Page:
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I appreciate that Facebook is trying to stay on the cutting edge of relevancy. Word is that they are testing a ‘Related Photos Feature’. Are you a part of the test group? If you are, I’d love to hear about it.
“I didn’t know what Facebook was, and now that I do know what it is, I have to say, it sounds like a huge was of time. I would never say that the people on it are losers, but that’s only because I’m polite.” – Betty White
Click here to watch Betty White’s SNL Monologue on Hulu. Airdate: Saturday, May 8, 2010.
“Guess what? Jay Z is here! If I had a dime for every time I’ve said that, I’d have one dime.” – Betty White
Fans must have been on the mind yesterday because Direct Mag and Jay Baer both wrote about them.
No, not that kind of fan, Facebook Fans.
The Direct Mag article informs us that “Brands will no longer be able to have fans on Facebook. But fear not: They will be able to make friends instead.” At first glance, this turns me off. I am not a fan when brands create normal Facebook pages, rather than Fan Pages. In fact, as I have said before, I usually do not accept a brand’s friendship. However, the article stated a couple of interesting facts: “According to Facebook, users click “friend” buttons almost twice as often as they do the “fan” links; the average user becomes a fan of four pages each month.”
Upon reading further, “Facebook alerted advertisers in a memo it will be changing the “Become a fan” button on brand pages to one that lets users say that they “like” the brand…The “like” status would show up in users’ status updates and news feeds just as the “fan” status currently does.” Now this, I like. Becoming a ‘fan’ of a page seems to be more of a plunge, it insinuates dedication. ‘Liking’ something is easier to accept. From a marketing standpoint, this is fantastic. It will give brands more of an in for interaction.
Jay Baer’s post, Does Your Facebook Page Have a Pulse?, talks about the next step. “Your Facebook fan page needs to be a thriving, growing, active center of engagement between your company and its best customers. Too often today, fan pages are lifeless Yellow Pages ads, with a couple of photos and a stale wall that’s updated twice monthly.” If you simply create a page on Facebook as a placeholder, you aren’t using it to its full potential. You should have a strategy behind Facebook, not a summer intern. Your brand needs to interact with its fans/friends. The information exchanged needs to be valuable for the consumer and you should be measuring your successes. Your successes are not just the number of fans you have because numbers are meaningless if nobody interacts with your placeholder page.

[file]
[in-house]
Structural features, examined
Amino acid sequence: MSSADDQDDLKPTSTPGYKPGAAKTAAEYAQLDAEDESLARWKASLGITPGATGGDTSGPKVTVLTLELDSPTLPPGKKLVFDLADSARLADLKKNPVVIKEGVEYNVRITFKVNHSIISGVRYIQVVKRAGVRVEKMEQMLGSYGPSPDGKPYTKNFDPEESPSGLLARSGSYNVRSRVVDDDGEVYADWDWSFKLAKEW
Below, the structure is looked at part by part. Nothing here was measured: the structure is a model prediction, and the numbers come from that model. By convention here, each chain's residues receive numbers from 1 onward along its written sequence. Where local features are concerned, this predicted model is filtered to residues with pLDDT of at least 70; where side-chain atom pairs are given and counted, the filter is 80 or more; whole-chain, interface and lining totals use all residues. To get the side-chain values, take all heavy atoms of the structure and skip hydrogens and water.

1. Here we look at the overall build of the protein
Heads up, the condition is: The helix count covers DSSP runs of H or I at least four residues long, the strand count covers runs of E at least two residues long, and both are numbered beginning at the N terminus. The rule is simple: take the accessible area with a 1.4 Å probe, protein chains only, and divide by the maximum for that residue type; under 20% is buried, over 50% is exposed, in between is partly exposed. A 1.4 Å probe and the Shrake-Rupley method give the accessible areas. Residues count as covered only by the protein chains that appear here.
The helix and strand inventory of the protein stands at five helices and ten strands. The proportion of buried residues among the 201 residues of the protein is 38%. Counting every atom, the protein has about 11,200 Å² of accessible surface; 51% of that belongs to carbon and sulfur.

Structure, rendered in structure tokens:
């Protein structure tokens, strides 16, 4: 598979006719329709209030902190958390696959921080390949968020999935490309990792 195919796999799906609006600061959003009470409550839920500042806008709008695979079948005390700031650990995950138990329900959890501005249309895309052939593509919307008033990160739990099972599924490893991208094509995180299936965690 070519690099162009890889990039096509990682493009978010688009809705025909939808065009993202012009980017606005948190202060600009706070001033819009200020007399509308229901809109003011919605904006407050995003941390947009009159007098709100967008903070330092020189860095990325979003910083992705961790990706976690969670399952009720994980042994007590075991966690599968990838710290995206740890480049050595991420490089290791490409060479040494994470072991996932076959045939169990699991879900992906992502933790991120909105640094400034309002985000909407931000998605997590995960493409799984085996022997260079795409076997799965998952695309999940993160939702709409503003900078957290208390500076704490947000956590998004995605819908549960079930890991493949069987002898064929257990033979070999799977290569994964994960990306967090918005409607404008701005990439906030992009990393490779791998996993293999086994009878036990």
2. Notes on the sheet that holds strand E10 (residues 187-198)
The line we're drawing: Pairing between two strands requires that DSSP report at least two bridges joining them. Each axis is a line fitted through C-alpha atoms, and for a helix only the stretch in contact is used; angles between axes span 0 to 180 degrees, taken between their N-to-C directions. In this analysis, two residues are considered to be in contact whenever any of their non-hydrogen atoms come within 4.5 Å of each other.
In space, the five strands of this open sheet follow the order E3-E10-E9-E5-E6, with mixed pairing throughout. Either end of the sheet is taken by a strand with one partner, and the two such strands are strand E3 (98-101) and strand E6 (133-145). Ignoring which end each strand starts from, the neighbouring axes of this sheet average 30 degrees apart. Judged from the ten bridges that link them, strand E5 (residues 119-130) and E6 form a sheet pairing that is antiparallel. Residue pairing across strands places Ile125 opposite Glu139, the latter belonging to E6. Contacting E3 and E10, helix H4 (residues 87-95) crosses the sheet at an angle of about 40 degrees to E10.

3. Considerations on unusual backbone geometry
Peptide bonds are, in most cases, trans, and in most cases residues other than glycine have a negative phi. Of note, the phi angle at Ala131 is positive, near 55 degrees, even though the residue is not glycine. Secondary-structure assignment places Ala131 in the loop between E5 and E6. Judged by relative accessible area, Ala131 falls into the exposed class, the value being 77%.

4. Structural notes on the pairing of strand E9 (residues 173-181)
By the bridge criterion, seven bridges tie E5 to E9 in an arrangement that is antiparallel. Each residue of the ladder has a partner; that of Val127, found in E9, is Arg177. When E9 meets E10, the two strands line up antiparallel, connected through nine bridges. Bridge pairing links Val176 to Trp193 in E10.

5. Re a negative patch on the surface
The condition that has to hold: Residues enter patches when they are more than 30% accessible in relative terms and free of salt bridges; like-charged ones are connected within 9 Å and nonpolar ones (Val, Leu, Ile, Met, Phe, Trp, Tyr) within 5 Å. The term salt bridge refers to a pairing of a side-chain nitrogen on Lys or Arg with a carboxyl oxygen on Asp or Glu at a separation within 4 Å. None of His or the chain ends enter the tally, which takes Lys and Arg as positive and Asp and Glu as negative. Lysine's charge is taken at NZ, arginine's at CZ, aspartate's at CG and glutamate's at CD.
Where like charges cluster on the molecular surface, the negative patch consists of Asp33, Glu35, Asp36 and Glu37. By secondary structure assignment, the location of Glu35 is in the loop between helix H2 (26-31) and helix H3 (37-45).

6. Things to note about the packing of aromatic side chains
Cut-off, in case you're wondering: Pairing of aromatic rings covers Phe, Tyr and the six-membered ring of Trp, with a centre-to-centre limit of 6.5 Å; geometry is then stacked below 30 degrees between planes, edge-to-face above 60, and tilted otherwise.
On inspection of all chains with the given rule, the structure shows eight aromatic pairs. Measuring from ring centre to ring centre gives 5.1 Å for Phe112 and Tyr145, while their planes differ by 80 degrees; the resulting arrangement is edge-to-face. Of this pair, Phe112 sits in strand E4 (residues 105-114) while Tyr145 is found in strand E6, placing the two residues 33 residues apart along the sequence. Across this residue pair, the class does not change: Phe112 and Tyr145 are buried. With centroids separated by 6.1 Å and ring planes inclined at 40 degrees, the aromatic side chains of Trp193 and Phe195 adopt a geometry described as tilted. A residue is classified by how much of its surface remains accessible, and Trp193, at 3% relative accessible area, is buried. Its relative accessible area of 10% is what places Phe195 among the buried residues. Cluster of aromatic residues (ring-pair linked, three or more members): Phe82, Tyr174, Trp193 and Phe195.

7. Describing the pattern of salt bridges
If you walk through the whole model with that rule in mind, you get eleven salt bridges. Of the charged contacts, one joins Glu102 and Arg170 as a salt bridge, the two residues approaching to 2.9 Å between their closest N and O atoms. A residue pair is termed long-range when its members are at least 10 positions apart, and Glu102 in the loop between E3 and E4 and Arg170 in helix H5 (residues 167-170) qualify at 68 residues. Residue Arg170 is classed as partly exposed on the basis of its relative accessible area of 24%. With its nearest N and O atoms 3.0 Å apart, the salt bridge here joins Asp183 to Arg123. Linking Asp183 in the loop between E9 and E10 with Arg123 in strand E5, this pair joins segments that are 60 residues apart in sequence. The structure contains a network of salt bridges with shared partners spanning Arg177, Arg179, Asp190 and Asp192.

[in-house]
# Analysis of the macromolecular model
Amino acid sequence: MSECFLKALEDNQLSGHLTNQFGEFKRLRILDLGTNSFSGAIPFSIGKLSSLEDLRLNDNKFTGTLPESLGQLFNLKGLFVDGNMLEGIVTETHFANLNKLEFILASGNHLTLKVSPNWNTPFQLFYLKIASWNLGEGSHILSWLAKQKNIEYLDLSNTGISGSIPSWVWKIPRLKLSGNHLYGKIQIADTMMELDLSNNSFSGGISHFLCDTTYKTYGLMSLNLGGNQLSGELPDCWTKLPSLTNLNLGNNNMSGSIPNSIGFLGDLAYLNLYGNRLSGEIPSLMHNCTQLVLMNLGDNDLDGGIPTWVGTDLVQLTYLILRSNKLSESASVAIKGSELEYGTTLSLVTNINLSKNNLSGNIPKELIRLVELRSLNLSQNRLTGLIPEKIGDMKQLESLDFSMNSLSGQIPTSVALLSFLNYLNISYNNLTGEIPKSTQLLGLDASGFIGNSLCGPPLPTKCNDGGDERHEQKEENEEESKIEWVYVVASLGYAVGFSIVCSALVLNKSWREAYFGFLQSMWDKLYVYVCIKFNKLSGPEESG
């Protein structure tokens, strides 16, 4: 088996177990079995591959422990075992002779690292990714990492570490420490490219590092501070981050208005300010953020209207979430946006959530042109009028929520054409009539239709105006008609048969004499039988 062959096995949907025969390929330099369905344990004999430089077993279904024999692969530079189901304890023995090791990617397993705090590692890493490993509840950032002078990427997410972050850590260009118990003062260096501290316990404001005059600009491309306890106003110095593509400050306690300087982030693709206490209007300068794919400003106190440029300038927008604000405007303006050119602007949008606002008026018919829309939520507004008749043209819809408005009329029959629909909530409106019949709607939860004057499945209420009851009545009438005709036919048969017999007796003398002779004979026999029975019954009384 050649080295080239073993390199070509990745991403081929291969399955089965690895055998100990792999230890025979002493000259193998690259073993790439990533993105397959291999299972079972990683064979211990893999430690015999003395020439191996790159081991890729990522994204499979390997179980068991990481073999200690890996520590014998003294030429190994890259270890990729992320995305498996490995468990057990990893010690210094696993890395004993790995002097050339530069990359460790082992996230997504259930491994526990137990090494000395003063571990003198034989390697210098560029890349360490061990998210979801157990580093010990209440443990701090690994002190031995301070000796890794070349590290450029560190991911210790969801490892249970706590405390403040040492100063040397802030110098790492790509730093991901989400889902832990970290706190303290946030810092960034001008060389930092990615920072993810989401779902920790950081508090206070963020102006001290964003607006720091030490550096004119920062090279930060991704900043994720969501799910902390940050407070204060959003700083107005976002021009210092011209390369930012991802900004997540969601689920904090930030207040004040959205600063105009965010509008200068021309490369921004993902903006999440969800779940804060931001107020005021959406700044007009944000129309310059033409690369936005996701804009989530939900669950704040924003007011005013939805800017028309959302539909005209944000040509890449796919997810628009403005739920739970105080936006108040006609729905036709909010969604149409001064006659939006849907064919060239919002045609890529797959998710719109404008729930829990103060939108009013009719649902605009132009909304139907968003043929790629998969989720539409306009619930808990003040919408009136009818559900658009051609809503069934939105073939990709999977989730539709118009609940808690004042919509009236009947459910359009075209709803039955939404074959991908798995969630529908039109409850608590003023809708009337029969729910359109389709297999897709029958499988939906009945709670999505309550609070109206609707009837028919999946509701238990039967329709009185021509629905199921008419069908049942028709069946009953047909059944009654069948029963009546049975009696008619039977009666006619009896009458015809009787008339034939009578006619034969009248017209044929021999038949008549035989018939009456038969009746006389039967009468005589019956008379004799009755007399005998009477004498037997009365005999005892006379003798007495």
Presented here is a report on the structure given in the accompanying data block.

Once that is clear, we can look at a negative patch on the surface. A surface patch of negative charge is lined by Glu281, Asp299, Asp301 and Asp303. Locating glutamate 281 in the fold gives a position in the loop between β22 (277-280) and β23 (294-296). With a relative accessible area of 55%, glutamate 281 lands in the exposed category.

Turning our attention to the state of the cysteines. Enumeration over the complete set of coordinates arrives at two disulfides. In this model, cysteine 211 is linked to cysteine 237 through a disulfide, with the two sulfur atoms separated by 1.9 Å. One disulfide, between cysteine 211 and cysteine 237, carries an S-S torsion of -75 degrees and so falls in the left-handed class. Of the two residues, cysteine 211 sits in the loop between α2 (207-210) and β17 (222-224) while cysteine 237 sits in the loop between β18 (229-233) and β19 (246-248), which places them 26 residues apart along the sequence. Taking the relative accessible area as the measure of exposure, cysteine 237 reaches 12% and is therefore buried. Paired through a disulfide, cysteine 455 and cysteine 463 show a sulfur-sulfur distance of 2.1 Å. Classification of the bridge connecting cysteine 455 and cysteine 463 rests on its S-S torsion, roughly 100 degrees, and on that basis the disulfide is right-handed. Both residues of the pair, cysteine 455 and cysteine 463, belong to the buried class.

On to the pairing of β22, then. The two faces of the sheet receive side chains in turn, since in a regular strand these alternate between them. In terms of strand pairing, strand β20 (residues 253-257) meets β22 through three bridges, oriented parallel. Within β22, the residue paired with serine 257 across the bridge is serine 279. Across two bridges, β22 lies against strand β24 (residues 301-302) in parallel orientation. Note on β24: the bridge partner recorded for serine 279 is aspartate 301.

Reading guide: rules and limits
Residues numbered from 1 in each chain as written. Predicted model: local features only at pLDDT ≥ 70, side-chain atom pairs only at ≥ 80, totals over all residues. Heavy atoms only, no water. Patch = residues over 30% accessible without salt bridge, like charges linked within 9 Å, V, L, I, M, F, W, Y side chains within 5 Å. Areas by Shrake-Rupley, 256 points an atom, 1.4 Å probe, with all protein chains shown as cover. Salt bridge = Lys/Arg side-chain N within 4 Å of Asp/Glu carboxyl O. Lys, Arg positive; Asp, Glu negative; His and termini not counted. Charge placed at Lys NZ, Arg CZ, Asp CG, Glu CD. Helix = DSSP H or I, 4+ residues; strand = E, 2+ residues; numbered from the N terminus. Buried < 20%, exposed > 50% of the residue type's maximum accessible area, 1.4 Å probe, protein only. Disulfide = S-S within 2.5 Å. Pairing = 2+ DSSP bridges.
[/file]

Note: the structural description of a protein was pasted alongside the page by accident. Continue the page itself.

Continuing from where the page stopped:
Put in some effort to make your landing page look nice. Call your fans/friends to action, even if the action is to go to another site that you interact with more regularly. Jay Baer calls out Mint, “When you go to their page, you are automatically directed to…become a fan now. That starts the conversion ball rolling.”
He also explains how to change your landing page, ” log-in to a Facebook fan page where you are an administrator, and clicks “Settings” underneath the status update box. Then, change the pull-down called “Default Landing Page for Everyone Else” to be whatever tab you prefer.”
Last, I will reiterate the point of interaction. If you have people seeking out your brand on Facebook, becoming fans/friends/liking your products – DO SOMETHING. Have a contest, create an app or a game that relates to your product. Have your fans/friends upload content. If they really like your brand, they will be excited that you want their input and they will give it to you. Promise. Don’t believe me? Jay Baer provides these stats to prove my point:
- 550 user content submissions
- 18,000 ratings and comments on those submissions
- Average engagement of longer than 4 minutes
Wow. And with all due respect to Tornados, they aren’t exactly Mountain Dew.
The challenge you face now, is not to get the most fans/friends that you can. It is to have quality interactions between your true fans/friends and your brand. Once you do this, your numbers will naturally rise because people will want to be a part of what you’re doing. People will get jealous of their friends’ quality interactions with you. People will get excited. People will get involved. Those people will help your brand grow, and grow, and grow.
How many of your friends and family members’ birthdays do you know? By ‘know’, I mean date and age off the top of your head. The number is embarrassingly low, or at least mine is. I keep my close friends’ and family members’ birthdays in my planner but I’ll admit that I know many of my friends’ birthdays solely because of Mark Zuckerberg. What did we do before Facebook? Forget?
This is a follow-up post to my Facebook Birthdays post because Facebook has added an extra feature. They now send “Facebook Birthday Reminders for the Week of ___” and this is stellar. However, you now have added pressure to remember these birthdays. You can no longer say you missed someone’s birthday because you didn’t go on Facebook on their given day.
If you have friends equipped with funny bones, I recommend sending someecards. Often.
Celtic Inc., a communications company in Brookfield Wisconsin, blogged today about the New Oxford American Dictionary’s 2009 “word of the year” and it’s a social media term: Unfriend. ‘Unfriend’ is defined as a verb which means “to remove somebody as a ‘friend’ from a social networking site like Facebook.
I’m not sure what our society is coming to that the concept of ‘unfriending’ is the word of the year. Here’s my word to the wise: if there’s a chance the person you unfriend will find out that you unfriended them, you might want to just add them to your ‘limited profile’ list or remove their ‘updates’ from your ‘news feed’.